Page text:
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Are You Protected from DELTA Variant? (DEPENDS on THIS) 

By  Dr. Mike Hansen

There are lots of factors that determine your level of protection from Delta Variant.
Are you vaccinated?
If so, which one?
Have you had COVID already?
Did you have COVID and the vaccine?
Are you immunocompromised?
Will the booster shot give you more protection?
Since the Delta COVID Variant is still fairly new, there are still many questions.

After having a COVID infection, whether a mild or severe illness, most people appear to have some protection against SARS CoV 2 for about a year; this is based on a study published in Nature that looked at recovered patients. There’s also other research showing that vaccinating these people significantly substantially enhanced their immune response to the virus and gave them strong protection against variants of concern, such as the (B.1.617.2) delta variant. For example, researchers looked at immunity in a group of recovered adult patients 1 month and 6 months after their infection, and some of them even had a 12 months follow-up blood draw.

DELTA Variant

The first study had 149 participants who were considered to have recovered from COVID. About 10% were hospitalized with COVID. People were excluded from the study if they had long COVID. For example, they had ongoing or persistent shortness of breath, chest pain, fatigue, fever, or loss of taste or smell. Of the 149 people, 87 returned for the 6-month follow-up, and 63 returned for the 12-month follow-up. 41% ended up getting at least 1 dose of an mRNA vaccine an average of 40 days before the 12-month follow-up visit.

So what were the main takeaways from the study?
Compared with 6 months prior, those who were not vaccinated maintained most of their plasma antibodies against the virus’s receptor-binding domain (RBD). Also, their plasma, which contains antibodies, had similar neutralizing activity against a nonreplicating virus engineered with the SARS CoV 2 spike protein. Their memory B cells that produce anti-RBD antibodies were slightly lower than at the previous visit and evolved to produce a broader and more potent range of antibodies.

However, their plasma had less neutralizing activity against the variants B.1.1.7 (Alpha), B.1.351 (Beta), B.1.526 (Iota), and P.1 (Gamma), with the greatest loss of activity against the beta variant first detected in South Africa. Compared with unvaccinated participants, those who had received at least 1 dose of the mRNA vaccine had higher plasma anti-RBD antibodies and a nearly 50-fold increase in neutralizing activity.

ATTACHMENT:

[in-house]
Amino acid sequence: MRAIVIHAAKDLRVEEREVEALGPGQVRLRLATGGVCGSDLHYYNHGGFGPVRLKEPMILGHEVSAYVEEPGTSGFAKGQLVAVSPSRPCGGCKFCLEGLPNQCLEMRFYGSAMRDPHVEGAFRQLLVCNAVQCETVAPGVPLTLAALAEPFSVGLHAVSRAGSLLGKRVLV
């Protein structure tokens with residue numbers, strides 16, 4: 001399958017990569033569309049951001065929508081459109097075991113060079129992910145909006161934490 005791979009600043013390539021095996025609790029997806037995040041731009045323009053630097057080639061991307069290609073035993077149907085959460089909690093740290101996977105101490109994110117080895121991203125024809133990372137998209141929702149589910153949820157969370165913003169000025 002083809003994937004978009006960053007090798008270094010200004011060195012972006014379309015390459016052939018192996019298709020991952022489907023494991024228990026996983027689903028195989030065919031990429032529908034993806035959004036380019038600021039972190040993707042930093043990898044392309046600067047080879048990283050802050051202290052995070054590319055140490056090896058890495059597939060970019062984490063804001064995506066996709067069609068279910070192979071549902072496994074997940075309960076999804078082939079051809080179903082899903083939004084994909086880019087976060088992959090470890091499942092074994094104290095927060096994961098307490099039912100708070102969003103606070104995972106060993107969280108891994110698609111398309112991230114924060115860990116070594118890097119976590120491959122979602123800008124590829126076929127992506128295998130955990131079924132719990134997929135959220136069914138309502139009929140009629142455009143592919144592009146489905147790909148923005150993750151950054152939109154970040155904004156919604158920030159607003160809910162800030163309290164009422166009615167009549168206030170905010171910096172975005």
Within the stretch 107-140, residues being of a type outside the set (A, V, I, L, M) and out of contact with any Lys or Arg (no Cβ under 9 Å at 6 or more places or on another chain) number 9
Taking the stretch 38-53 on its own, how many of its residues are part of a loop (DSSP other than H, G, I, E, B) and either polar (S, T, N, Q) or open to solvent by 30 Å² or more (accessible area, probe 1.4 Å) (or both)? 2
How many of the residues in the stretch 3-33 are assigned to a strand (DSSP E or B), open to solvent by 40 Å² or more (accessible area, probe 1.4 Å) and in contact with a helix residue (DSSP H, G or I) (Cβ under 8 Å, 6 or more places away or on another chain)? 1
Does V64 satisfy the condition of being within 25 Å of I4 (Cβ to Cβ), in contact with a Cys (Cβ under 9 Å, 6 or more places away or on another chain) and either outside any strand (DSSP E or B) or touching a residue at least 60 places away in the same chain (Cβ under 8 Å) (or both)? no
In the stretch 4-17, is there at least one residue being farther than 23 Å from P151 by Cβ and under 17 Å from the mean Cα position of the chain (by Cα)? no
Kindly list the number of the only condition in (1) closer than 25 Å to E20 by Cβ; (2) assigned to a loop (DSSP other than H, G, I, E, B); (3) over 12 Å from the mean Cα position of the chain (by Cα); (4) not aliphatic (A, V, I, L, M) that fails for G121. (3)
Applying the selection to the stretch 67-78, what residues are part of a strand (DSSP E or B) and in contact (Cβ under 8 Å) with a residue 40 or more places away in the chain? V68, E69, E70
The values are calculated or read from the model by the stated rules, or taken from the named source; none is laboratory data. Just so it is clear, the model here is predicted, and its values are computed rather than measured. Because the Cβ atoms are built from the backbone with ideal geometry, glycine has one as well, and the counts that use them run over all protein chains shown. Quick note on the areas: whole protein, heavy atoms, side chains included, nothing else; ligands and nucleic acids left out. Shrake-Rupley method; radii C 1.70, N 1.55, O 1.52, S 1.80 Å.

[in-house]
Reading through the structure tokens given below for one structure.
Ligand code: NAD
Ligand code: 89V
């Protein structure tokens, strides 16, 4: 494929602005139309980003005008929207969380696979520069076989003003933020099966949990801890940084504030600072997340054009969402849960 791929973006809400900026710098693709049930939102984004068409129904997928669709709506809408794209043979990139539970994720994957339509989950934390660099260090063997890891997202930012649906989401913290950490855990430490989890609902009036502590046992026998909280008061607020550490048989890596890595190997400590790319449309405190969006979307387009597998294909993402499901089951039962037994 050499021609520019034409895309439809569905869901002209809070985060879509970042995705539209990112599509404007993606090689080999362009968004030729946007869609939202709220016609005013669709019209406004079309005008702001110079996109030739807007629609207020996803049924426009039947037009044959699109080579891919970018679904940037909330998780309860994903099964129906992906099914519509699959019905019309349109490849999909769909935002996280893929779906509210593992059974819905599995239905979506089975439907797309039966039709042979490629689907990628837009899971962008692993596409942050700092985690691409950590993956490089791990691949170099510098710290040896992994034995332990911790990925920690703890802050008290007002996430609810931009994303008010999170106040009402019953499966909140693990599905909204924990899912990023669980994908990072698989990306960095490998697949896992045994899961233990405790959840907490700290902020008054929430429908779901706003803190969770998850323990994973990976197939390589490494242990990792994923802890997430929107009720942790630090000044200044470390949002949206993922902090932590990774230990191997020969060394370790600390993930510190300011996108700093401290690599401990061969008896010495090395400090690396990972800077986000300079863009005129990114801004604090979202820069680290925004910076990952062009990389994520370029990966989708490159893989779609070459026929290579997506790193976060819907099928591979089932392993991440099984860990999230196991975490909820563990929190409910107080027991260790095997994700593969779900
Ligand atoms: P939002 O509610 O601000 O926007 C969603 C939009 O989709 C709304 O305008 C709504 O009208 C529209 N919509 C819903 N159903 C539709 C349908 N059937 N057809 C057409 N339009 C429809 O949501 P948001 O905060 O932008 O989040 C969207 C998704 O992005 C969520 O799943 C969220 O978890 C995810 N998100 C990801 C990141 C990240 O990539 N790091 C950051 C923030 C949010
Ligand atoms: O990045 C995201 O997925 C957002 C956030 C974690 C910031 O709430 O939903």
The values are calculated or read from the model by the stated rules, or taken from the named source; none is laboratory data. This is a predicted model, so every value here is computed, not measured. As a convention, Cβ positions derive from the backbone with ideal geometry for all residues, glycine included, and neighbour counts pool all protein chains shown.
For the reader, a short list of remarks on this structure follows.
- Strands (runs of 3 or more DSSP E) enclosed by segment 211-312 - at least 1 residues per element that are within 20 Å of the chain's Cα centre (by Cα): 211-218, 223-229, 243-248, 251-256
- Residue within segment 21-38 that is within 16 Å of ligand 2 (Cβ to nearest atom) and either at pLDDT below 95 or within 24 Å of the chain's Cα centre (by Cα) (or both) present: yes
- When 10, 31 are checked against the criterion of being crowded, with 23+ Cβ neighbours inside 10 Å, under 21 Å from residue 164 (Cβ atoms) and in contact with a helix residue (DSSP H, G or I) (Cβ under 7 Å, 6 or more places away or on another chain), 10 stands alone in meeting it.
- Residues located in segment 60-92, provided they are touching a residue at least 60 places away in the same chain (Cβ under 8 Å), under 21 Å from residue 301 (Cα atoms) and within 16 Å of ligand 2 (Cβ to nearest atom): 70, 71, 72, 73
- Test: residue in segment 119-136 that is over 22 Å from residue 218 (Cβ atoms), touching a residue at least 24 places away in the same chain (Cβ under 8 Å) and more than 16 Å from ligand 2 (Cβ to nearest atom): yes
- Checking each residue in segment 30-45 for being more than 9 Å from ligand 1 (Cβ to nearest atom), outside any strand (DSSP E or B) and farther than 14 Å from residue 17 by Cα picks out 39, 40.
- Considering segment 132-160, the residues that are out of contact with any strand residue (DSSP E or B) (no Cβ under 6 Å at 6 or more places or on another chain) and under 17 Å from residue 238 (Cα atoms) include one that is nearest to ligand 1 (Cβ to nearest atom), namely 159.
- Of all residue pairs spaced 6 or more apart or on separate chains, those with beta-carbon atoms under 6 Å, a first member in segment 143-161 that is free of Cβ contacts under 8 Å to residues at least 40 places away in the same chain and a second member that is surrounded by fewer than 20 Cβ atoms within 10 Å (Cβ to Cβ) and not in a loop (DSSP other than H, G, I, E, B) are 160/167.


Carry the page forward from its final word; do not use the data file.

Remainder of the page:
So what’s going on here?
For those who’ve had COVID, vaccination boosts the memory antibodies that develop after infection, causing a more robust response.

We are still learning about the Delta Variant, with new studies coming out.
A recent study in France looked at recovered patients’ immunity against the delta variant. Specifically, they looked at unvaccinated health care workers. They appeared to have less protection against the delta and beta variants than alpha, about a year after they recovered from mild COVID. In this group, 88% had neutralizing antibodies against alpha, compared to 47% against delta variant.

But, for the recovered health care workers who had received 1 dose of either the AstraZeneca, Pfizer, or Moderna vaccines, they had a huge increase in protective antibodies against the Delta, Beta, and Alpha variants.
So the big takeaway here is that vaccinating person who had previous COVID will likely give them much higher protection against delta and other variants.

Weren’t they supposed to tweak the booster shot to accommodate the new variants?
As of right now, the booster shot will be the same as the 1st doses and not genetically tweaked to accommodate new strains such as the delta variant.
Why?
The booster’s job will probably be to simply boost the current immune system to get maximum protection against these covid variants. Until you have a variant escaping the vaccines, meaning lots of breakthrough infections that result in many hospitalizations and deaths, there likely isn’t a need to genetically tweak the current vaccine.

But of course, this can change with time if a new variant proves to escape the current vaccines.

Doctor Mike Hansen, MD
Internal Medicine | Pulmonary Disease | Critical Care Medicine

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